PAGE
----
posted on 7/2010 By:
Australia has gained world renown for producing some of the nastiest and most vile variations of death and black metal bands you can find, so I was a bit surprised by the stark contrast Denouncement Pyre presented on World Cremation. These eight tracks give fair indication that this band is capable of doing quite a bit of damage in the riff department, but the overall outcome is one of average consequence while still occupying a space above the dregs of black metal mediocrity.
After viewing a bit of their history and seeing just how many other bands the past and current members have been directly connected to (Stargazer, Cauldron Black Ram, Destruktor, Portal, etc.), the straightforward nature of this material is much more accessible in comparison to some of those other unwieldy acts. Guided by Decaylust’s midranged croak and thorny riffs, the majority of these songs have more in common with American blackthrash and a few Norwegian BM groups. Cold, treble-heavy tremolo riffs slicing and dicing above a frequently flailing drum assault represents the most often used method of attack, but on “Salvation, The Fading Light” and the beginning of “Purification” they show that they can venture towards more deliberate avenues and be no less impacting. Opening track “Black Womb Of The Magdalene” is quite the nod to a number of Angelcorpse tunes, and “Coven Of Diabolical Prophesies” sometimes comes across like Hypocrisy trying their hand at a little black n’ roll with the loping chug of riffs. “Banner Drenched In Blood” is pure black metal in all its careening, razorlike glory, but takes a breather and slows down towards its off-kilter conclusion, and final tune “Invination Of Poison” is one hell of an off-road ride, hitting odd stop/start parts, lightning fast riffs, and grinding slow grooves in a constant switching up of tempo that makes its seven minute length fly by effortlessly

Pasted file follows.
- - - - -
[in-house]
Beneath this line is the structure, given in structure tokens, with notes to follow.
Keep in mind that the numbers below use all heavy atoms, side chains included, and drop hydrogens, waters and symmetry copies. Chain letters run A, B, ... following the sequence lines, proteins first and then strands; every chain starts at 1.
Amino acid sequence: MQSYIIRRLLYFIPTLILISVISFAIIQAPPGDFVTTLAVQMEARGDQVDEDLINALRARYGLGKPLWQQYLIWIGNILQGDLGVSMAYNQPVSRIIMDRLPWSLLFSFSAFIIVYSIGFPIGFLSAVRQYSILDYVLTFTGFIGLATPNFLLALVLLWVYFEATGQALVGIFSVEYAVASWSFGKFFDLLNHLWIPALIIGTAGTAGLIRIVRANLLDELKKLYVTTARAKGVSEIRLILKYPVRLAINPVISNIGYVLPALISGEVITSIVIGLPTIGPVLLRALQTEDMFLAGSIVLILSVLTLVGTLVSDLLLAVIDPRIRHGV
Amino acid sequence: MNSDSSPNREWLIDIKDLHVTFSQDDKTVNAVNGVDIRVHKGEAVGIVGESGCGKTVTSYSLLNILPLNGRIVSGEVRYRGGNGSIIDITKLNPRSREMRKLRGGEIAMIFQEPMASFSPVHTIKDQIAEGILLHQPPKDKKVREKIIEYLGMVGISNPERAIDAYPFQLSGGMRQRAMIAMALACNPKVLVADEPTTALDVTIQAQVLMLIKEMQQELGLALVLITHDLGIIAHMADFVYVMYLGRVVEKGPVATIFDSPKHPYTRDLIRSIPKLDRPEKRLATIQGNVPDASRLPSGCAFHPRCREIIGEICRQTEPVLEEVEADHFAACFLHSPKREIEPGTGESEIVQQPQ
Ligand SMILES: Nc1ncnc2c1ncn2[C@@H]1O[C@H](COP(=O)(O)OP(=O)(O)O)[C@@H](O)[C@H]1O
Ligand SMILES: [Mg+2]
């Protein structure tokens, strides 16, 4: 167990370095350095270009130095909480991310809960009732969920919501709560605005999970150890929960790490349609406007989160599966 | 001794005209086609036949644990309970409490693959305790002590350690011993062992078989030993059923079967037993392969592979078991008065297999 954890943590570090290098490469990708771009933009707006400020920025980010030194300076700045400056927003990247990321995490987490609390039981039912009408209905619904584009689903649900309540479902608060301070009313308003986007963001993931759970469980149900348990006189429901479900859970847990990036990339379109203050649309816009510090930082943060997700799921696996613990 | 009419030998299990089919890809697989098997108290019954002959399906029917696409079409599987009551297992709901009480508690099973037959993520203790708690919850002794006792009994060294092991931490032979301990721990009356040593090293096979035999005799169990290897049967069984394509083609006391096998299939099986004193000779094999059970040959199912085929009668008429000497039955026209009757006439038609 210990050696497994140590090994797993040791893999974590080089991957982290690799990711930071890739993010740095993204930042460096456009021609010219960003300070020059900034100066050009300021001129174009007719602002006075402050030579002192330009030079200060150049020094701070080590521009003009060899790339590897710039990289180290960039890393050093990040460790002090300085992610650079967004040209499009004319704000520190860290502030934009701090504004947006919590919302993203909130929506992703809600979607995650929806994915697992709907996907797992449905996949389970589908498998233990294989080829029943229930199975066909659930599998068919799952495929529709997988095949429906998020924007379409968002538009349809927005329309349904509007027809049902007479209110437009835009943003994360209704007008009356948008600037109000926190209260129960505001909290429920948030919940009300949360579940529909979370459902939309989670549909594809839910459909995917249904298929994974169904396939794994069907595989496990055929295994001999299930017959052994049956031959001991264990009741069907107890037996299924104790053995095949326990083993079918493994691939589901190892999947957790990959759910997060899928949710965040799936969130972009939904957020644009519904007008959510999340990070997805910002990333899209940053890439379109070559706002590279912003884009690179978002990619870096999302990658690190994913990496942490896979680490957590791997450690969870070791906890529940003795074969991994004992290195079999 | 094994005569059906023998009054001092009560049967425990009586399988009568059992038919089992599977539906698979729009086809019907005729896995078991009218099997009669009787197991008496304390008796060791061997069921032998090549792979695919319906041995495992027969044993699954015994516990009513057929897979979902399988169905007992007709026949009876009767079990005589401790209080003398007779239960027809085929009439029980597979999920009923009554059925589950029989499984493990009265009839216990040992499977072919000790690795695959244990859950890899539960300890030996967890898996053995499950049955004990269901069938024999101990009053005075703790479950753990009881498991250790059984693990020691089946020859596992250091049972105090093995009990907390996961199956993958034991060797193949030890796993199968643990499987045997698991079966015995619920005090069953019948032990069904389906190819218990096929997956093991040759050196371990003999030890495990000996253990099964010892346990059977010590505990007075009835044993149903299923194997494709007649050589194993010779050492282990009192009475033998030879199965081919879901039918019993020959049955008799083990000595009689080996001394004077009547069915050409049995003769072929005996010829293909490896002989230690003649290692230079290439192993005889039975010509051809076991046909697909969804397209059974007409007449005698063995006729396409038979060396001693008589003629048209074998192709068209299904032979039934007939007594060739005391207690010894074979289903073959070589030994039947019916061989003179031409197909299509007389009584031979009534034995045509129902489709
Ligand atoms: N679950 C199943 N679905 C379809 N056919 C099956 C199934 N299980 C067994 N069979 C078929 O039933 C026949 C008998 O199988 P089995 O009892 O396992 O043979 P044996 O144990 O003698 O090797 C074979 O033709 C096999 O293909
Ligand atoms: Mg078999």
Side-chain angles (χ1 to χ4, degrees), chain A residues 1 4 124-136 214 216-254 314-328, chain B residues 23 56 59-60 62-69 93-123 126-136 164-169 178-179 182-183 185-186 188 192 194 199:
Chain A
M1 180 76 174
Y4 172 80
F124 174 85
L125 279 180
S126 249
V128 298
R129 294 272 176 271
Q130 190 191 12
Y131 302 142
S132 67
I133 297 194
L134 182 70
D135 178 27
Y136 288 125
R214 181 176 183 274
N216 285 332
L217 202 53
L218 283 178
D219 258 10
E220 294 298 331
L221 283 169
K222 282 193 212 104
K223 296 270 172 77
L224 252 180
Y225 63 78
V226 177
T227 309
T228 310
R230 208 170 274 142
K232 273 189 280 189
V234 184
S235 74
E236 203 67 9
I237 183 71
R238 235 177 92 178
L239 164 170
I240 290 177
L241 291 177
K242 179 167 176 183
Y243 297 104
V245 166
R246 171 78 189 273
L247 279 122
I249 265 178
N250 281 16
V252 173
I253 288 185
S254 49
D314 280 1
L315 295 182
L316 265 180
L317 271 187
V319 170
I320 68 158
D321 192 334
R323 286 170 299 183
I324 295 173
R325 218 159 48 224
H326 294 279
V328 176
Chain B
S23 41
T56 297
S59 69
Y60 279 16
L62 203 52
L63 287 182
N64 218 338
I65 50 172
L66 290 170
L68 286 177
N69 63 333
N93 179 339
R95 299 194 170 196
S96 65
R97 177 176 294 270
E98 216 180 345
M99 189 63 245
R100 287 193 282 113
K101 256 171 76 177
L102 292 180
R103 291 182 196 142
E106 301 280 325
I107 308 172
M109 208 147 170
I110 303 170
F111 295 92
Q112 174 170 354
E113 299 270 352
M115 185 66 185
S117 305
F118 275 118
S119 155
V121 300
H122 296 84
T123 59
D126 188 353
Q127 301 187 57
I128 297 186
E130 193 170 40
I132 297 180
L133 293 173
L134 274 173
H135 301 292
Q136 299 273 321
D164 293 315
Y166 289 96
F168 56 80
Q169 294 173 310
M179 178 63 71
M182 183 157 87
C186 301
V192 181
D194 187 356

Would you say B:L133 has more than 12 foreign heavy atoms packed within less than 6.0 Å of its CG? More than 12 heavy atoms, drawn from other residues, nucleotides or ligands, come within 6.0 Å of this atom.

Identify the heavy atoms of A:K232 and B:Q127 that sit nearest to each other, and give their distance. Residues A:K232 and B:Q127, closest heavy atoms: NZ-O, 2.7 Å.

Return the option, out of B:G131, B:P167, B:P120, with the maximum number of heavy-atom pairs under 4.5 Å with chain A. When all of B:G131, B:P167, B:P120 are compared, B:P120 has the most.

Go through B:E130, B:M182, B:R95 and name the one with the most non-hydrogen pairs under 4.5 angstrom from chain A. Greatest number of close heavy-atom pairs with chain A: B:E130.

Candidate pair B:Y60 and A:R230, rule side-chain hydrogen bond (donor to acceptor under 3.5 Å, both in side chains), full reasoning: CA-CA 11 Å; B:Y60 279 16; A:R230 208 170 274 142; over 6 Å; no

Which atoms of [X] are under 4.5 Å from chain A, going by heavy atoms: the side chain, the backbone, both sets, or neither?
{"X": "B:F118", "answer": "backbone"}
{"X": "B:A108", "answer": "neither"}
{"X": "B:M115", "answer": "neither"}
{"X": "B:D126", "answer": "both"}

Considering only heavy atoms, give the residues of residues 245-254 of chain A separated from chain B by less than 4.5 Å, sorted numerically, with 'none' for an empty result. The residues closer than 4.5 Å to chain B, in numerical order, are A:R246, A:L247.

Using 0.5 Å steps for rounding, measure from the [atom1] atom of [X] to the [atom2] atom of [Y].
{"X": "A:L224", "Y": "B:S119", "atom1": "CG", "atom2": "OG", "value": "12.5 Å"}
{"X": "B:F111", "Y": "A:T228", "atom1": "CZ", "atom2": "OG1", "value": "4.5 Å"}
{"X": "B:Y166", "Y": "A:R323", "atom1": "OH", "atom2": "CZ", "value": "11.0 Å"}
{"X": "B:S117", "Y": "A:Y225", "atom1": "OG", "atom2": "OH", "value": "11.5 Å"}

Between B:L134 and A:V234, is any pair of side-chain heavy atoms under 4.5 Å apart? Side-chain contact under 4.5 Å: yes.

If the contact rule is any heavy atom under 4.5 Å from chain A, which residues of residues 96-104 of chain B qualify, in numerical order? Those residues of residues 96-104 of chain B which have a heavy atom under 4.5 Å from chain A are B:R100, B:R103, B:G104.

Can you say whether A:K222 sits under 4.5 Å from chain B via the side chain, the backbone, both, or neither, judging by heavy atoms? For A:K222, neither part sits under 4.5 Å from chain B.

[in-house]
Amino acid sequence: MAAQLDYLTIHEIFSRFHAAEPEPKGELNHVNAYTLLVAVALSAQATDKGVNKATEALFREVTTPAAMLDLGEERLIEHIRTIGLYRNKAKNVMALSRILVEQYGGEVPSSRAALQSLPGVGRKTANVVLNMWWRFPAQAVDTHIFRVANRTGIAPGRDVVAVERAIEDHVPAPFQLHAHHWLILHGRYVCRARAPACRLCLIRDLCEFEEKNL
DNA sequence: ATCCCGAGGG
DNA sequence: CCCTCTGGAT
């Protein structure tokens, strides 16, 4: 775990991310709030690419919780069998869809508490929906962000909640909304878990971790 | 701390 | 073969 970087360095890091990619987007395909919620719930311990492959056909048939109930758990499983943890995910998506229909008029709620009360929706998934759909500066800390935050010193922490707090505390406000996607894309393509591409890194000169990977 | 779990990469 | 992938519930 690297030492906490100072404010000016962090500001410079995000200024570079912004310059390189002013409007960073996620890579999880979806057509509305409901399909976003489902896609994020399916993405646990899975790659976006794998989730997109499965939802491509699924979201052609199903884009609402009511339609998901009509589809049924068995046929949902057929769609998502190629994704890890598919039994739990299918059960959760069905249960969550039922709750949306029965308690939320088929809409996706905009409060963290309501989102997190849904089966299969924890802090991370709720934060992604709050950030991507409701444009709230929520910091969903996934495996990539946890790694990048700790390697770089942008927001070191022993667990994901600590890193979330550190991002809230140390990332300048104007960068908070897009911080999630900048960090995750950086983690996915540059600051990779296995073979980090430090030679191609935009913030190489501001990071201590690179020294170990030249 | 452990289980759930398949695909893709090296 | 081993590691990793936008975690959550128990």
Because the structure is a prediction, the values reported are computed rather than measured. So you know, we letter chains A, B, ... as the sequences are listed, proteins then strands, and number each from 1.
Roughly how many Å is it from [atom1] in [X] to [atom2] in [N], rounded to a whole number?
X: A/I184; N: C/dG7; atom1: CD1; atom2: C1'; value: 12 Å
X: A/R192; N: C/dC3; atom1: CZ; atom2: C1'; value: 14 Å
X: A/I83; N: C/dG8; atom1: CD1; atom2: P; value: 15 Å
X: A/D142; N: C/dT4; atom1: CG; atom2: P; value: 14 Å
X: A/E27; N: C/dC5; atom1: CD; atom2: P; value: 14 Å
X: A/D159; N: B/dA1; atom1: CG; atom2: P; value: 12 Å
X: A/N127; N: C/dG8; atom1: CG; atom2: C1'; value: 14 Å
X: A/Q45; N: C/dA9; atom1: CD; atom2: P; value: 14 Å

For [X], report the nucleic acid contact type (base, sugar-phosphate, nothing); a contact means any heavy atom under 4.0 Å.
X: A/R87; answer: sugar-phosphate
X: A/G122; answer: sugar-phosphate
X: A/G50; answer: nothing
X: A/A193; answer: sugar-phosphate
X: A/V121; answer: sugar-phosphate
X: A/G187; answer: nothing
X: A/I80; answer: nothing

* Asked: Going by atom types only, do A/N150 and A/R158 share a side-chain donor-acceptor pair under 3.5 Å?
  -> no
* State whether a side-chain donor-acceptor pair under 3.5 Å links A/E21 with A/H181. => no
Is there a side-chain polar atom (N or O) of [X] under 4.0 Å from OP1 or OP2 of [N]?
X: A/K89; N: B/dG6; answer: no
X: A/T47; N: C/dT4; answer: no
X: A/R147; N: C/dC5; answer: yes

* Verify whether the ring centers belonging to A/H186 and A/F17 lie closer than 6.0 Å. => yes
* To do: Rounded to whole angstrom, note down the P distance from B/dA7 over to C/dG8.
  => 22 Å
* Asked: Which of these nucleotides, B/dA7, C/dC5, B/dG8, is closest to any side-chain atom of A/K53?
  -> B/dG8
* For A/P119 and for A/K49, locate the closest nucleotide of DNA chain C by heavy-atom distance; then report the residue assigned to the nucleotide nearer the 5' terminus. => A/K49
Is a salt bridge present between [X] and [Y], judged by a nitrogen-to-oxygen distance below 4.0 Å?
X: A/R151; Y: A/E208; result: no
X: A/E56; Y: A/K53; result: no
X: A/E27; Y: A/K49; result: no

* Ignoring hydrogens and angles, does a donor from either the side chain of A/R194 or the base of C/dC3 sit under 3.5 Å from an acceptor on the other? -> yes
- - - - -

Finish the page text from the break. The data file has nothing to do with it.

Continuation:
World Cremation is a very left-of-center disc when placed next to the majority of Aussie bands, and even the atypically illustrated purplish/grey muted color scheme of the cover is less kult and grim than the filthy many from Down Under. Aside from “Banner Drenched In Blood” there aren’t many standout tracks in to point out, but there also isn’t a clunker in the bunch, as each tune goes through it’s individual share of solid and occasionally unexpected riffs and changes in direction. I’d like to hear how Denouncement Pyre would fare with a bit more bottom end and an upping in overall intensity, because this debut full-length already exhibits a substantial amount of know-how that would sound even better with more creativity and fire behind it.
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